Appendix 2: Voices from Mensa
Fenigsen, Richard, Fenigsen, Ryszard, Issues in Law & Medicine
Mensa is an association of the best and the brightest, persons with an "IQ" so high that it places them in the top two percent of the population. In 1994, American Mensa Ltd. had 55,000 members, 2,000 of them in the Los Angeles area. At the end of that year, two remarkable articles appeared in Lament, the newsletter of Lost Angeles Mensa. The authors called for the extermination of "defective" people and the creation of a "master race."
Jason G. Brent, a lawyer, wrote that "society must face the concept that we kill off the old, weak, the stupid and the inefficient." Brent supported the creation of a "master race," and regretted that Adolf Hitler's actions prevent a rational discussion of this topic. (769) Answering journalists' questions, Brent said, "We cannot continue to have population explosion. We better face that we have to kill people. There are not unlimited amounts of resources." (770)
Another Mensa member, Jon Evans, called for liquidation of the homeless. "What good are they? The vast majority are too stupid, too lazy, too crazy, or too anti-social to earn a living. ... Granted, there are a few people who have fallen beneath the blow of circumstances and are unable to afford any place to live, but they are few and far between. The rest of the homeless should be humanely done away with, like abandoned kittens." (771)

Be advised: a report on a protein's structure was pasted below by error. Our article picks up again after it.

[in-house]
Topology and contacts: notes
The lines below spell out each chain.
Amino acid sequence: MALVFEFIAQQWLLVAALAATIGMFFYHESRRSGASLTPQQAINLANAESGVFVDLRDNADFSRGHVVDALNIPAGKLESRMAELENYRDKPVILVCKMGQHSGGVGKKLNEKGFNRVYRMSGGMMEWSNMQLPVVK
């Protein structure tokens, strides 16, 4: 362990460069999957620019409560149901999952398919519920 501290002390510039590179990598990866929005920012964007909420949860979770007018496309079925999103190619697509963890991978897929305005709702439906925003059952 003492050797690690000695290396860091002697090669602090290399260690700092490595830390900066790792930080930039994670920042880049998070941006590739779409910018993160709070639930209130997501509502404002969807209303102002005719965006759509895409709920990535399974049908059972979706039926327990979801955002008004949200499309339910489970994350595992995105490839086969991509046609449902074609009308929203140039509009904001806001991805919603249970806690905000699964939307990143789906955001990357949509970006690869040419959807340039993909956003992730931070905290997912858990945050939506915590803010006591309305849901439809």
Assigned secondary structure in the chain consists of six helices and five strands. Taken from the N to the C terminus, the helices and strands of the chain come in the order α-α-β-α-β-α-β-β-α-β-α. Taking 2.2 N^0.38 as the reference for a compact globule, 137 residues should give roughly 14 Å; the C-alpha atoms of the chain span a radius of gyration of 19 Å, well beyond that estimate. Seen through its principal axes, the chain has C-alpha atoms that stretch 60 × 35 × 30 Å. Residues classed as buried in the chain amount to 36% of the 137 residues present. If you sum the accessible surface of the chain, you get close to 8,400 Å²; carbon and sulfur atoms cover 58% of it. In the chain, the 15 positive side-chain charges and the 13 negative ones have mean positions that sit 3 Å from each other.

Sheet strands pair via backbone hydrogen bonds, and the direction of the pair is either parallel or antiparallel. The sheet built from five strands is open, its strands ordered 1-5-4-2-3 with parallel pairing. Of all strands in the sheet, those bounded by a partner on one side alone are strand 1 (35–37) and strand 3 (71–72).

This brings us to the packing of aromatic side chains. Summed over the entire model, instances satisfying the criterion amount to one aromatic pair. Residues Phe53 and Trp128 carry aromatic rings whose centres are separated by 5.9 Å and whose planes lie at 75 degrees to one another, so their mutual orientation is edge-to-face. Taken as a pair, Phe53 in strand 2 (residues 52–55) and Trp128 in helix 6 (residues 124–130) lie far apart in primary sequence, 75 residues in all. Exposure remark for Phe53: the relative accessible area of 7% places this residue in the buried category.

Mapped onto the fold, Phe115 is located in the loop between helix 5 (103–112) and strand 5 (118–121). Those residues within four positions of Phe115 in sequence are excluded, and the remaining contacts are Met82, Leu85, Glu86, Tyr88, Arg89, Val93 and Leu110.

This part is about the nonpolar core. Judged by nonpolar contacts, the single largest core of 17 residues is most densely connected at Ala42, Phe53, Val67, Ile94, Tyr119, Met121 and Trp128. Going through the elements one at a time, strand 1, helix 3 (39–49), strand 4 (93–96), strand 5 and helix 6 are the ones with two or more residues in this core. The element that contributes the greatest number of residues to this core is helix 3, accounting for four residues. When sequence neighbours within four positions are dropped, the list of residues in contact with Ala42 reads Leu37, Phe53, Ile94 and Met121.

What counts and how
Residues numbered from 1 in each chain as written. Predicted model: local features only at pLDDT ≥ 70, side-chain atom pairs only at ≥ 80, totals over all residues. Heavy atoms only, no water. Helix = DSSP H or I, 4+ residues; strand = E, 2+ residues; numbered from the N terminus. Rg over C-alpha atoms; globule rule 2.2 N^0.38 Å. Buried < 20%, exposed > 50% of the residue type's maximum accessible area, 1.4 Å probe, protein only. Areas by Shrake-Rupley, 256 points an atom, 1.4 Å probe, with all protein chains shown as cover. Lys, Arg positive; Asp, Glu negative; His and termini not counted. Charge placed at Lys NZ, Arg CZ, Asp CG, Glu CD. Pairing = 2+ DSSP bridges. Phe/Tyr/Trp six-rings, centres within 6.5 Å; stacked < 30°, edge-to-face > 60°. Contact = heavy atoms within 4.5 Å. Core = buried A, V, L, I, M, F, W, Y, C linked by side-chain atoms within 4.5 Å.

The same, according to Evans, should be done with people who are mentally or bodily deficient: "A piece of meat in the shape of man but without a mind is not a human being whether the body be deathly ill, damaged by accident, mentally blank because of brain deficiency, or criminally insane." (772)
One could easily dismiss the articles by Brent and Evans as the excesses of some freaks. But these two gentlemen were not isolated in their opinions. The editor of Lament newsletter, Nikki Frey, was unapologetic, and surprised that anybody would be offended. "I wouldn't print anything I thought was truly harmful or offensive. I didn't think it was harmful. I don't think it's even that offensive--nobody wants to have a deformed child." (773) The chair of Mensa's Los Angeles chapter, Ms. Gowen, and the chapter's board supported Frey. (774) Ultimately, however, the editor of Lament had to resign from her post. There were many indignant reactions from other members of Mensa and from outsiders. (775) A member of American Mensa's national board condemned the publication of "hate material." (776) The director of British Mensa said that "one Adolf Hitler was enough for this century." (777)
For our own safety, we should not forget what ideas ferment in a certain faction of the West Coast's intellectual elite.
(1) For a detailed discussion of the subject, see Chapter XXVIII, on "The Oregon Law."
(2) East-West Bioethics Conference III, Prague, Czechoslovakia, Aug. 29-31, 1991.
(3) A. R. JONSEN, THE NEW MEDICINE AND THE OLD ETHICS 17-18 (1990).
(4) S. Alexander, They Decide Who Lives, Who Dies: Medical Miracle Puts a Burden on a Small Committee, LIFE, Nov. 9, 1962, at 102.
(5) J. E KILNER, WHO LIVES? WHO DIES? ETHICAL CRITERIA IN PATIENT SELECTION 27-74 (1-990).
(6) C. TAYLOR, SOURCES OF THE SELF: THE MAKING OF THE MODERN IDENTITY 4-8 (1989).
(7) This reasoning has interesting consequences since it leads to the conclusion that all medical actions and also all acts of helping a person in need are morally wrong.
(8) CASES IN BIOETHICS 96 (C. Levine & R. M. Veatch, eds., 1989).
(9) KILNER, supra note 5, at 72-74.
(10) R. D. Truog, Triage in the ICU, HASTINGS CENTER REP., 22:2, at 13-17 (1992); D. E. Singer et al., Rationing Intensive Care: Physician Responses to Resource Shortage, 309 NEW ENG. J. MED. 1155-60 (1983); P. J. Strauss et al., Rationing of Intensive Care: An Everyday Occurrence, 255 JAMA 1143-46 (1986).
(11) J J. D. Rothman, Rationing Life, N.Y. REV. …